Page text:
What Veterans Should Know About The “Forever GI” Bill
In the past, student veterans had only 15 years to take advantage of their educational benefits through the GI Bill. Thanks to an expanded version of this bill—called the Forever GI Bill—veterans can take as long as they want to complete their educational endeavors.
Specifically, the bill—which President Donald Trump signed in early August 2017—will restore benefits to veterans who could not continue their education due to school closures since 2015. In addition, Purple Heart recipients, reservists and surviving dependents will receive special benefits. The bill, which will go into effect next year, is expected to cost $3 billion over the next decade.
The GI Bill has been revised several times since it was first introduced in 1944. The last expansion was in 2009. According to the Department of Veterans Affairs, 79 percent of veterans enrolled in college last year were beneficiaries of this most recent expansion. Read on to learn more about the new benefits offered by the Forever GI Bill.
More Benefits Under the Yellow Ribbon Program
In the past, only certain veterans were eligible for the Yellow Ribbon Program. Now, surviving spouses and children will also get to benefit from this program, which reduces or eliminates education costs not covered under the GI Bill.
Benefits Restored to Vets Affected by School Closures
Many for-profit schools shut down in 2015 and 2016, disrupting the education of many veterans. These vets will get their benefits restored and will be able to transfer their earned credits to new schools. To protect against future school closures, vets will be eligible for housing stipends and other forms of reimbursement.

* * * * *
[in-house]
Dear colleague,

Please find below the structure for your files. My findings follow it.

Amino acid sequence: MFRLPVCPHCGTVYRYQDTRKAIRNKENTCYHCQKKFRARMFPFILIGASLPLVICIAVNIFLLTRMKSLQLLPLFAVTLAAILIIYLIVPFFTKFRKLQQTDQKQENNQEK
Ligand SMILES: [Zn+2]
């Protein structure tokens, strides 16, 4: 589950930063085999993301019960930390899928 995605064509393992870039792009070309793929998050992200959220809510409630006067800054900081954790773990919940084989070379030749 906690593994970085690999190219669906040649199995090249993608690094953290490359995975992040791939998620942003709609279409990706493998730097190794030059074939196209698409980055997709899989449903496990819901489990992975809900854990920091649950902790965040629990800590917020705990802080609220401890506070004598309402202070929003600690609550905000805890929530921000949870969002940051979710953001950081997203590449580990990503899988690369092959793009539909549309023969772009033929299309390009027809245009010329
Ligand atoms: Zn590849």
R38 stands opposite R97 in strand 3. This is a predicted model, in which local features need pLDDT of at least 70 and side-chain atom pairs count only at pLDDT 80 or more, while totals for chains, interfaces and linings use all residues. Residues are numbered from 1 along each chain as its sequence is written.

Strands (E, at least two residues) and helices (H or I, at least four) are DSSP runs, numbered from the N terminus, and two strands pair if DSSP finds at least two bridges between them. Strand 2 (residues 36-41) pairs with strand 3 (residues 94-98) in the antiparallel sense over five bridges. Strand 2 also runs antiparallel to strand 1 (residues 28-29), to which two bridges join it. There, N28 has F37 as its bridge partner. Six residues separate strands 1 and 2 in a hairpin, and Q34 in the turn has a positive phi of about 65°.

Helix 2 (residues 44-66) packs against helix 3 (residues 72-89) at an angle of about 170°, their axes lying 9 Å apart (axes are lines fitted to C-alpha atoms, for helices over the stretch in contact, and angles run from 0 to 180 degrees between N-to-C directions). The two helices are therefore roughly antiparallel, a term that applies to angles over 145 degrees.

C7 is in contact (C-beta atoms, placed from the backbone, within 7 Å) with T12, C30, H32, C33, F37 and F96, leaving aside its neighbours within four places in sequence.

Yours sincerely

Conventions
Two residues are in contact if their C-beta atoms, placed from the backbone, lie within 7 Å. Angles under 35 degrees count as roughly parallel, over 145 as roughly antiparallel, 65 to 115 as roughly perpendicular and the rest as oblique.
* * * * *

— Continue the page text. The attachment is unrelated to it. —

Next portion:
Expanded Benefits for STEM Degrees
Veterans are given more incentive to enroll in science, technology, engineering and math degree programs. Because these programs often take five years to complete, the Forever GI bill will cover an additional year of study. Some vets will also be eligible for scholarships of up to $30,000.
Purple Heart Recipients Can Receive Benefits
Many Purple Heart recipients did not meet the requirements for GI Bill benefits in the past. Once the new bill goes into effect, 1,500 vets who have been Purple Heart recipients since Sept. 11, 2001, will be eligible to receive these benefits.
Transfer of Benefits After Death
In the past, only the servicemember had the authority to determine how unused benefits are to be transferred to dependents. Under the revised bill, once the servicemember dies, a dependent can make changes and transfer benefits to another dependent.
Contact Us for More Information About VA Benefits
You’ve fought long and hard to protect your country. Now it’s time for your country to give you the education you need to take the next step in your career. It can be difficult, however, to get the benefits you are entitled to receive. That’s why you need someone with experience on your side.
Contact the Law Office of Michael Lawrence Varon in White Plains to learn more about VA benefit eligibility and the various processes. Call his office at (914) 294-2145 to schedule a complimentary consultation.